MEMPHIS, Tenn. — Friday was the first day in more than a week that we started to see this ice and snow start to melt, but now the area has to start worrying about potholes and potential flooding.
Some Mid-South residents may have gotten used to the rumbling and bumps of driving through the ice and snow, but as the winter weather melts around the Mid-South, a more familiar problem will return.
“Historically, when we’ve had this much freeze thaw and a serious cold, icing conditions and roads will have an impact in terms of increasing the number of potholes,” said Robert Knecht, City of Memphis public works director.
The pothole problem around Memphis will get even worse, for at least a short period of time.
“We spent thirty days the last time we had an event of this kind of nature to get caught up with potholes,” Knecht said.
The ice and snow are melting, and the 10-12 inches of wintery mix on the ground has to go somewhere. Fortunately, experts are not concerned with the Mississippi River reaching dangerous levels.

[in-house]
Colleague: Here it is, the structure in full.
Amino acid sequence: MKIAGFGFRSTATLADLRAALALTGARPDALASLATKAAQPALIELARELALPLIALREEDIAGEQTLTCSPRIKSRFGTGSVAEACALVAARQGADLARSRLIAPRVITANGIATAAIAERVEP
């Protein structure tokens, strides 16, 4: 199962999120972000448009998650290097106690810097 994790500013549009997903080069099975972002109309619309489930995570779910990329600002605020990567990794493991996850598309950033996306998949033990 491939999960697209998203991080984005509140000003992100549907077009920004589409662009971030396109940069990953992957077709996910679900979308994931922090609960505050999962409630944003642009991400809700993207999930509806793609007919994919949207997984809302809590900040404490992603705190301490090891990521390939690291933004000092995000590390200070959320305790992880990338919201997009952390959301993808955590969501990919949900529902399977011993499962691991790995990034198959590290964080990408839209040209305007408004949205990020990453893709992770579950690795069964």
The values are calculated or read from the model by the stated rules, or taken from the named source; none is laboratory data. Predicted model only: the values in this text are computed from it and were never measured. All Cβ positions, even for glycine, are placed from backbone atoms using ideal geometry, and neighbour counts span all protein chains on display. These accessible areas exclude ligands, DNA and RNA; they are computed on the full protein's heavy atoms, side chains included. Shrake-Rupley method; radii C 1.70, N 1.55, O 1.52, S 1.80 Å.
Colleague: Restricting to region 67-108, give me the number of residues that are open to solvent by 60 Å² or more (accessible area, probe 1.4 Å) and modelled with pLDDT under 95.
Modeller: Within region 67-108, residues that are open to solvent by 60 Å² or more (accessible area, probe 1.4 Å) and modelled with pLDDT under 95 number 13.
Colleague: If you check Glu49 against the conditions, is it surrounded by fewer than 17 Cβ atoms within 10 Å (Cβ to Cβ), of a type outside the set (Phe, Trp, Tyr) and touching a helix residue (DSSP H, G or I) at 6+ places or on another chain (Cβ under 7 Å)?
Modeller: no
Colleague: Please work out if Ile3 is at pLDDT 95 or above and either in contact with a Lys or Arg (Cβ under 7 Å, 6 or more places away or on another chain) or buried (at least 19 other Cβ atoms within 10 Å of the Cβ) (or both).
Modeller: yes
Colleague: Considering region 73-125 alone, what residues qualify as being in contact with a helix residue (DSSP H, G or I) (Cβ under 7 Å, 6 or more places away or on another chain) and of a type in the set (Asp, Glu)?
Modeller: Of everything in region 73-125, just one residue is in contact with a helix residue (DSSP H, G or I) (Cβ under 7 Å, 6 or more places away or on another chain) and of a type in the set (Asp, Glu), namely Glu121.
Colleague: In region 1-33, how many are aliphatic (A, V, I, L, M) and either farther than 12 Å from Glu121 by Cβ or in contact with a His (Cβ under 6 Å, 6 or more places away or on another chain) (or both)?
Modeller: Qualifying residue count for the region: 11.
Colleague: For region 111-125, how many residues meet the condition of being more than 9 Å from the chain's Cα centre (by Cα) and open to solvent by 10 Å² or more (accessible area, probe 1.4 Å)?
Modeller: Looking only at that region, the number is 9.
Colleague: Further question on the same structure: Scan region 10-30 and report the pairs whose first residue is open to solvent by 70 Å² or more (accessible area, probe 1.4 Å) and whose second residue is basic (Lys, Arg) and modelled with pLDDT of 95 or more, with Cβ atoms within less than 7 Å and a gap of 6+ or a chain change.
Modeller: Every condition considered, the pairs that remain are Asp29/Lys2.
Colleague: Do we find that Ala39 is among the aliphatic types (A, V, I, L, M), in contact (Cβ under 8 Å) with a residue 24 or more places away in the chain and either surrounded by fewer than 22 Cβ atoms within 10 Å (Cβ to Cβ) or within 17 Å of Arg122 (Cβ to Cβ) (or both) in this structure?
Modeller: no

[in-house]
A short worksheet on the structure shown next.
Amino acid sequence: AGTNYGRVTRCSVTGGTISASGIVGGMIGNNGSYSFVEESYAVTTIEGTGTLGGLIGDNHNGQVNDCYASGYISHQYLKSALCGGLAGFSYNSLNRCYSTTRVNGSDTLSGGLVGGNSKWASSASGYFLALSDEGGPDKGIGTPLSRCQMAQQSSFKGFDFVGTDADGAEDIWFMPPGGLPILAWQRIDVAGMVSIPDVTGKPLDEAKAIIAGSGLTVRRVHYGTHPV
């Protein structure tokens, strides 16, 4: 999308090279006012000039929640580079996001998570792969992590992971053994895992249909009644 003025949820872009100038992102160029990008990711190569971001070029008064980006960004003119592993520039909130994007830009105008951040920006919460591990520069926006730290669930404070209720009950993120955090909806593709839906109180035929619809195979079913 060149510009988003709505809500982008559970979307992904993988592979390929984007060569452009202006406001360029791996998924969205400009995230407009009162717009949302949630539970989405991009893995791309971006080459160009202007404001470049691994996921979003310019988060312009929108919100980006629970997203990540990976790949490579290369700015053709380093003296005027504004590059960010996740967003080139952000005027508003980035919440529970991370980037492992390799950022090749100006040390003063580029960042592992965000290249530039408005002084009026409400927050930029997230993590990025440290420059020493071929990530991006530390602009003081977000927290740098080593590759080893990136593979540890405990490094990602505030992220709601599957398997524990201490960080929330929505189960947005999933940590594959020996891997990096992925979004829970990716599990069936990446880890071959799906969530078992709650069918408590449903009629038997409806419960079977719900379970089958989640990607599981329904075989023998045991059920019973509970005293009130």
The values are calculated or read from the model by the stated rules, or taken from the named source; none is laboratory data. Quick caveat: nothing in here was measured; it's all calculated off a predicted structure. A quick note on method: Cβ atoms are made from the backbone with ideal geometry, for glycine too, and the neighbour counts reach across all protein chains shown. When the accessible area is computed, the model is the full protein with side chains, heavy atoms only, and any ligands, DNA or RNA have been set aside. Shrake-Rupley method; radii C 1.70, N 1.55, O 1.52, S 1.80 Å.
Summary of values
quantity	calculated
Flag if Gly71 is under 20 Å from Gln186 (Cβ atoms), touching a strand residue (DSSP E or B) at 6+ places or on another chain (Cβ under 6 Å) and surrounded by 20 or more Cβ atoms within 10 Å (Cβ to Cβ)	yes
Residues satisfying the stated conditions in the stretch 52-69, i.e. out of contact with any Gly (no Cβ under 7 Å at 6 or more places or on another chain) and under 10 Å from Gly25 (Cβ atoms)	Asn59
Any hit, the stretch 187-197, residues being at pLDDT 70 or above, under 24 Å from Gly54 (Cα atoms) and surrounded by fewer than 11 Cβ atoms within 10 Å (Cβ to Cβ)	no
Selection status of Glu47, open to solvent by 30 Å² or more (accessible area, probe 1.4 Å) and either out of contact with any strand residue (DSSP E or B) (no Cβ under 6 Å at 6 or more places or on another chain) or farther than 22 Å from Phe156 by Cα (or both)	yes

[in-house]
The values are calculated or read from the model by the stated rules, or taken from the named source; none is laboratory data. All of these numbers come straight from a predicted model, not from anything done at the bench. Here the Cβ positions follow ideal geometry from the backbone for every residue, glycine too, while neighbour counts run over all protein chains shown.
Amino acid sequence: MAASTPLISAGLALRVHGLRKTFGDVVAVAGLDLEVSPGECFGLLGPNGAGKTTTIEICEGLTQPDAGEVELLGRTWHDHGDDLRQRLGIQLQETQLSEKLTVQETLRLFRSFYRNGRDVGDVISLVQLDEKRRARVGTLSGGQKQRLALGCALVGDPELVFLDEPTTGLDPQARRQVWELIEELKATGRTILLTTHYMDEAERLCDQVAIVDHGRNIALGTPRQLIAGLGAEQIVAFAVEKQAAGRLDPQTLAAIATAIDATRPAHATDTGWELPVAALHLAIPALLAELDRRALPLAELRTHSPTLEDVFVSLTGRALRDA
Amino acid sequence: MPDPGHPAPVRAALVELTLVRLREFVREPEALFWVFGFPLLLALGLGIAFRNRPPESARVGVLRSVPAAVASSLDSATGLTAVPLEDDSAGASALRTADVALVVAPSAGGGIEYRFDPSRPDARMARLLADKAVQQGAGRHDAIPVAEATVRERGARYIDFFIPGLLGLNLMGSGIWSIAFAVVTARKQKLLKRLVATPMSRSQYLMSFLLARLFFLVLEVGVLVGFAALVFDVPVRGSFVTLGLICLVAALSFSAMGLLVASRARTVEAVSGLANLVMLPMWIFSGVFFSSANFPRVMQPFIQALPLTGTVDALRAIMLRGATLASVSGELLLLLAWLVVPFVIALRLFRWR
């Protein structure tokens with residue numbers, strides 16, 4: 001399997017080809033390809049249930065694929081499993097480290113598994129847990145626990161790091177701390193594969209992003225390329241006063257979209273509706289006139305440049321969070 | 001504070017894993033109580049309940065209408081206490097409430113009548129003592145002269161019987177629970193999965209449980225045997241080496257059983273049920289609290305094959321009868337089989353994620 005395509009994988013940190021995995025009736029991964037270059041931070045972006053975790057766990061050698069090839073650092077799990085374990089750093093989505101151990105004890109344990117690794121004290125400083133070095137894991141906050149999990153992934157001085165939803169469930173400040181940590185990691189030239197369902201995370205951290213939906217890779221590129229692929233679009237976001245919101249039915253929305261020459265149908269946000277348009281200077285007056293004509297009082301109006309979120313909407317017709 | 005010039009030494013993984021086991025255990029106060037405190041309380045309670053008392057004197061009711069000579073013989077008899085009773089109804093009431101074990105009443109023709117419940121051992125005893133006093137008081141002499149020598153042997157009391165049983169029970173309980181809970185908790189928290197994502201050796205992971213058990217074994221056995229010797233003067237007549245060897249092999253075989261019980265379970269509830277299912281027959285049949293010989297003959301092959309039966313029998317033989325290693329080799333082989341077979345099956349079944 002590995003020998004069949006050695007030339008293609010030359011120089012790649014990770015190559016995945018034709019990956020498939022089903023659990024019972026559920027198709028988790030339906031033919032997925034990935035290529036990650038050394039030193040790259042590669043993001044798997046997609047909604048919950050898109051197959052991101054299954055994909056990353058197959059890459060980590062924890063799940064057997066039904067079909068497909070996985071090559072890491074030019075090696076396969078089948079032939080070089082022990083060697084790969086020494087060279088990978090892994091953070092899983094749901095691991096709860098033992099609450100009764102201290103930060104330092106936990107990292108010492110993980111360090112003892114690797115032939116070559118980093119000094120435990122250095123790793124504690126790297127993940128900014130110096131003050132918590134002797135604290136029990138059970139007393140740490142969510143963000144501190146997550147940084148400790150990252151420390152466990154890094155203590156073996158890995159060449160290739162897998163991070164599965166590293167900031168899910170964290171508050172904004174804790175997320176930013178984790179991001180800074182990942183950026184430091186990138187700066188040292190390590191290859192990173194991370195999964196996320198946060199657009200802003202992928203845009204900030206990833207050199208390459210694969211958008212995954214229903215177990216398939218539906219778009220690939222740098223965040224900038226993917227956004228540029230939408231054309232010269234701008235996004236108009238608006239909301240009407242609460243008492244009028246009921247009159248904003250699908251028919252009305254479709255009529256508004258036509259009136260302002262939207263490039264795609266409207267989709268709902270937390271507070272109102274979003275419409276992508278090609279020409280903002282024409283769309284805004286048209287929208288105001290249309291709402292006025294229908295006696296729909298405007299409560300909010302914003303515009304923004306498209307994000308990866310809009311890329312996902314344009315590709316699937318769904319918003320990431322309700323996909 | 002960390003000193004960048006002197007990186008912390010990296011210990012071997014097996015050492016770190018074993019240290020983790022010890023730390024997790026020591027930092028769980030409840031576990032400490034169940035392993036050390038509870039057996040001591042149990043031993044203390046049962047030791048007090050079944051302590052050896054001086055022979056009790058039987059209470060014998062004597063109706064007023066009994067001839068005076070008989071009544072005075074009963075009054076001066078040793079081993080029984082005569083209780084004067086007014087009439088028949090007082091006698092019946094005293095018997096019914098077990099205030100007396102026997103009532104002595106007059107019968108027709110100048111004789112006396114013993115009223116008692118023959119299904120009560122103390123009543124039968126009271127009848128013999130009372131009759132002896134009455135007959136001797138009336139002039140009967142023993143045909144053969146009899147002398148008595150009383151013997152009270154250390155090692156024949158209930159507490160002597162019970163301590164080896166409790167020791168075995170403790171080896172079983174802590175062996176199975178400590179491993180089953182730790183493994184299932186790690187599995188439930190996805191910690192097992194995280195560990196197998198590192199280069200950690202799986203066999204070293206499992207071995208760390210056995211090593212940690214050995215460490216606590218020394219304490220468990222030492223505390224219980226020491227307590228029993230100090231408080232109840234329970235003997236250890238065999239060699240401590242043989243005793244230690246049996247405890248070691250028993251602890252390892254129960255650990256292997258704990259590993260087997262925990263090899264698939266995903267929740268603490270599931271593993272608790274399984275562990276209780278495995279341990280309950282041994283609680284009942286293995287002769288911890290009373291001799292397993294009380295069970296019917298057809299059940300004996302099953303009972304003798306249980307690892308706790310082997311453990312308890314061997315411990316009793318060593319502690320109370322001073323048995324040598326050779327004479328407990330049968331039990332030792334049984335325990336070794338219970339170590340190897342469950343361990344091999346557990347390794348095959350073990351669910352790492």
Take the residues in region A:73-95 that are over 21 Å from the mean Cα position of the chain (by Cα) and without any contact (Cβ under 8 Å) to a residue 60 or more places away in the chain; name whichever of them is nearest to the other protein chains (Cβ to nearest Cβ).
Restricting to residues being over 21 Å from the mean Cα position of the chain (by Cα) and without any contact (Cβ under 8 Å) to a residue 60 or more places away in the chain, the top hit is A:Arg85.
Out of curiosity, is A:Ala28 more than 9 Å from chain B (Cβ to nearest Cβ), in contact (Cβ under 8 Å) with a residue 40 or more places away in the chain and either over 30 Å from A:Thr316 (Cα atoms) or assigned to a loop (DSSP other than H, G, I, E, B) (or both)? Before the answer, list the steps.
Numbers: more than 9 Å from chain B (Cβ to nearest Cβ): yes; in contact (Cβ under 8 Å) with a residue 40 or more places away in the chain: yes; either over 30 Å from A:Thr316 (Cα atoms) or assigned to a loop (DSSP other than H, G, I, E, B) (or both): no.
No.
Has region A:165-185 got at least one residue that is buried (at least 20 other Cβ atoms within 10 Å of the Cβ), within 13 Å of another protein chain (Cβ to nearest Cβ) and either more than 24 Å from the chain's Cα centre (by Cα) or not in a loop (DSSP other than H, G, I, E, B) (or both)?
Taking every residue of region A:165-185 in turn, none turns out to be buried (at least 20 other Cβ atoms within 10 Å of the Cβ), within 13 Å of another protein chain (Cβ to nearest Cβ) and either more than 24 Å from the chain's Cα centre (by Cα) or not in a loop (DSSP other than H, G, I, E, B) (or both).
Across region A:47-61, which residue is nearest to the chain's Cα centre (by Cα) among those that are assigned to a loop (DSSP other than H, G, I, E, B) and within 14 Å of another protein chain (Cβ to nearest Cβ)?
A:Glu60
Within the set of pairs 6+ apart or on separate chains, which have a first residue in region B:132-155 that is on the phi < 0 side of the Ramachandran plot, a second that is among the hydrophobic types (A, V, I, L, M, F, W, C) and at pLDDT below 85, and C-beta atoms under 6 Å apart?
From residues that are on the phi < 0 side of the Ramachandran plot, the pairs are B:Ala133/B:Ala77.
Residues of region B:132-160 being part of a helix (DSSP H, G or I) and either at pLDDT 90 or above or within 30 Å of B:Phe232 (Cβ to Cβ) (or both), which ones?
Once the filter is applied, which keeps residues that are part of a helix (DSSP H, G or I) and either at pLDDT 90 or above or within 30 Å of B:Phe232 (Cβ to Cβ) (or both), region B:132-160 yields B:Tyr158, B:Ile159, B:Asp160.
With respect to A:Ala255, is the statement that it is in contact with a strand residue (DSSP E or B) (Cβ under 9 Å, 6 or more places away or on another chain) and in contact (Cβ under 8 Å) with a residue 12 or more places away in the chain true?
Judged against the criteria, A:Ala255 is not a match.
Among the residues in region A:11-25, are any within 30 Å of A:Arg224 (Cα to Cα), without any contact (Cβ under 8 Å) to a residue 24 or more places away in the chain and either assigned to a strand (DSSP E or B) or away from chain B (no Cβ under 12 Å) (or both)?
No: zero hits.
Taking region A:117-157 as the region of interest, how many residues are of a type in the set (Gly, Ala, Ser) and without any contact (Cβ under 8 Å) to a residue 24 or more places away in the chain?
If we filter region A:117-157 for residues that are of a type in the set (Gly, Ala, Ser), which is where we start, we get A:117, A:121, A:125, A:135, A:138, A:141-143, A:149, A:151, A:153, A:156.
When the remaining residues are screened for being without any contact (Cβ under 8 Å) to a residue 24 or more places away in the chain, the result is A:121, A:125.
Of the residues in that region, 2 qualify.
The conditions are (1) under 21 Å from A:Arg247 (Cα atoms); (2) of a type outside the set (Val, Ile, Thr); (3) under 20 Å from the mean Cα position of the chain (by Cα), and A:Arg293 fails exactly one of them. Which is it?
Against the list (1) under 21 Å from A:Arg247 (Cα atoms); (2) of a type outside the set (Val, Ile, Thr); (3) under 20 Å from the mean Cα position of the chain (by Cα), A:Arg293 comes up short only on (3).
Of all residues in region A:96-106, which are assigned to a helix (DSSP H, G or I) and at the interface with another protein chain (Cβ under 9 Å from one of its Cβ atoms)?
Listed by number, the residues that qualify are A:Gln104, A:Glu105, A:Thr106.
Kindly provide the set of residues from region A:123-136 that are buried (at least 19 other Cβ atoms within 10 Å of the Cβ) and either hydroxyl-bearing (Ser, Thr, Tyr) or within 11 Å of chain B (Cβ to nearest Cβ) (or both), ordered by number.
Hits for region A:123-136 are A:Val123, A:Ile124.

“As impressive as it looks, there’s not as much water in there as you might think. We’re not anticipating major flooding issues at this time,” said Gary Woodall, National Weather Service warning coordination meteorologist.
But the city might have its own problems. Officials believe drainage systems could be strained in the days ahead.
“Flooding will be a challenge because you never know how quickly the drainage system may have any issues. The crews that are currently on snow and ice will be shifted to flooding challenges,” Knecht said.
Experts say it will take seven to 10 days for the Mid-South ecosystem to regulate itself.